Are You a Player Or Sex Addict?

A blog article by Robert Weiss, CSAT

Sexual addiction can be hard to recognize, particularly in a culture where sex and sexual innuendo are used to sell everything from cheeseburgers to luxury vacations. Not to mention all the sexy selfies on social media, dating sites, and elsewhere. In some ways, a sex addict walking around in today’s world is like an alcoholic wandering through a fully stocked bar where all the other patrons are sipping cocktails. It’s all just very, very tempting, and everyone seems to be partaking, so what could be the harm if…

Exacerbating matters is the fact that sexual compulsivity is not the sort of thing people willingly talk about. People who are struggling with their sex lives tend to feel shame and to keep both their actions and their feelings about those actions secret from loved ones, therapists, and even themselves. If you are wondering whether you or someone you know might be sexually addicted (as opposed to being a sexual player in a sexual world), it can be helpful to understand the primary differences between casual, at-risk, and addicted users.

  • Casual users of sexual fantasy and behavior are men and women who find non-intimate sexuality (porn, virtual sex, digital flirting, casual/anonymous hookups, affairs, and the like) to be fascinating and fun. They get involved in these pleasurable distractions occasionally. Much of the time their behavior is driven either by curiosity and novelty or life-stage events. For instance, they may engage in non-intimate sexual activities (online or real world) more in late adolescence or after a relationship breakup. Typically, casual users of sexual fantasy and activity find non-intimate sexuality to be an intermittent source of relaxation and fun, but ultimately not as meaningful and satisfying as deeper, more intimate connections. As such, their interest in non-intimate sexuality is not sustained over time.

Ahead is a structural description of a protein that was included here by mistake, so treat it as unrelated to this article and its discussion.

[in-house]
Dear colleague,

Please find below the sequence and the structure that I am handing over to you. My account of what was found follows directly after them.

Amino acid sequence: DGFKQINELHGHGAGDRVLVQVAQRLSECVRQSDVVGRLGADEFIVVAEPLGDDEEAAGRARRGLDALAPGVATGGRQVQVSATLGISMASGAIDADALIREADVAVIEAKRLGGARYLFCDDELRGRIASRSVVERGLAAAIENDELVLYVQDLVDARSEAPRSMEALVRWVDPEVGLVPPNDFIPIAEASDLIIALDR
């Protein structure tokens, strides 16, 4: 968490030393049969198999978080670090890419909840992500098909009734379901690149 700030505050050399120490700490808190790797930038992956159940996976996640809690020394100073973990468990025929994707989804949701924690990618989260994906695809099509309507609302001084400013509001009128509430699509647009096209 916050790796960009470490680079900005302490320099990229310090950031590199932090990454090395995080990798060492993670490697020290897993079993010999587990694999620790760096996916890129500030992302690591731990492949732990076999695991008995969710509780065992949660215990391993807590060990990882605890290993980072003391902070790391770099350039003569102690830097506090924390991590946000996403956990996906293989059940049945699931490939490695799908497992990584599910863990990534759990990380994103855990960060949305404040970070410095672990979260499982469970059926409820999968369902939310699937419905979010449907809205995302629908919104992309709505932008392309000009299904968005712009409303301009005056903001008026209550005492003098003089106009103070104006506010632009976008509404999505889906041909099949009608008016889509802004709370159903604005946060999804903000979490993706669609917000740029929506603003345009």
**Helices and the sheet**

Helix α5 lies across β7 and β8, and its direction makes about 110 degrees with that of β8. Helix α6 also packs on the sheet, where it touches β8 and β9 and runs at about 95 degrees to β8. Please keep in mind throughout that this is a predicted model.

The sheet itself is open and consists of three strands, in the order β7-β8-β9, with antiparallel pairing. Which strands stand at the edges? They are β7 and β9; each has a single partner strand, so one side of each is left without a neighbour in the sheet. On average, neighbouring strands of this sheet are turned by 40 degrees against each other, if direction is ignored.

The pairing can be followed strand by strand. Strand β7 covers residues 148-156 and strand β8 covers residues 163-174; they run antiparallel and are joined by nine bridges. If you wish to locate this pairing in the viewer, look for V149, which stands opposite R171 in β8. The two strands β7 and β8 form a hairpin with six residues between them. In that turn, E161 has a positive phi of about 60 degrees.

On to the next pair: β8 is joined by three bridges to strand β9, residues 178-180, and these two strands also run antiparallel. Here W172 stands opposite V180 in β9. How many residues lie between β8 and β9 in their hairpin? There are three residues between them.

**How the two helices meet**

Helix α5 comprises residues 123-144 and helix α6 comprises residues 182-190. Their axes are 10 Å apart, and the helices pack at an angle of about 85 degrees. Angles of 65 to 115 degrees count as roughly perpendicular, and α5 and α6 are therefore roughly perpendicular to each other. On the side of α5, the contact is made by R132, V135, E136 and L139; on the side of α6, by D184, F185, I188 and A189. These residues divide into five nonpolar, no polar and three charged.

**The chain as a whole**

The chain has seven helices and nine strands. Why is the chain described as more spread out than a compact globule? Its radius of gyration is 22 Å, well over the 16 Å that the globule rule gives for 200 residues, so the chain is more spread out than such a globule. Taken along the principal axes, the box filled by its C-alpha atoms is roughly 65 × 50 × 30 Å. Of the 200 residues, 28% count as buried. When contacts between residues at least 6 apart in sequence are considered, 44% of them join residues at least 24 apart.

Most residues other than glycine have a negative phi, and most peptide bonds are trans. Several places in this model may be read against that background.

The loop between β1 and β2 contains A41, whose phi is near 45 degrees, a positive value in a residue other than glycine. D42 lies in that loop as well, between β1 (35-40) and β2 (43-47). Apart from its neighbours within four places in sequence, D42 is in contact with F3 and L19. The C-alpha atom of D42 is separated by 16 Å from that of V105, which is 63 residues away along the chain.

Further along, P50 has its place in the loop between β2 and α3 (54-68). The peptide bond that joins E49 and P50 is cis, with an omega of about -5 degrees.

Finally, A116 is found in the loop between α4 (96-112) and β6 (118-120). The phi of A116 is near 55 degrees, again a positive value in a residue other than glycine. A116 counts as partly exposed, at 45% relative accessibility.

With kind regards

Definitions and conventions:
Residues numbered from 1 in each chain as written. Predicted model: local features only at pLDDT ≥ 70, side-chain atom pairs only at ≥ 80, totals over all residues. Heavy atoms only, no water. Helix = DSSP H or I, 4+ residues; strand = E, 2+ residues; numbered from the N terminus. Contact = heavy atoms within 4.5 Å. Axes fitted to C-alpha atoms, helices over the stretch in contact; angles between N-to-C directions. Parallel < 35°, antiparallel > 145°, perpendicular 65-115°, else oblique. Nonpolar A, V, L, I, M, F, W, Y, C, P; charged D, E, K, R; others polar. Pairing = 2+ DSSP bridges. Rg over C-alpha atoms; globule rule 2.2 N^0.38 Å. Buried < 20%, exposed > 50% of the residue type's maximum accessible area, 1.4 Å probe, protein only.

• At-risk users of sexual fantasy and behavior are men and women who go through periods of intense engagement with non-intimate sexuality, perhaps using it as a distraction from emotional discomfort and other life issues. They may have addiction-like periods, but they can (and usually do) limit or stop their behaviors if/when they start to experience (or even to see the possibility of experiencing) adverse consequences. Sometimes at-risk users look a lot like addicted users, hiding the nature and extent of their sexual behaviors, temporarily ignoring potential and even actual consequences, and escalating the nature and extent of their use. What differentiates at-risk users from addicted users is at-risk users can stop the activity on their own while addicted users cannot. In other words, at-risk users retain control and choice over their engagement with non-intimate sexuality. Addicted users do not.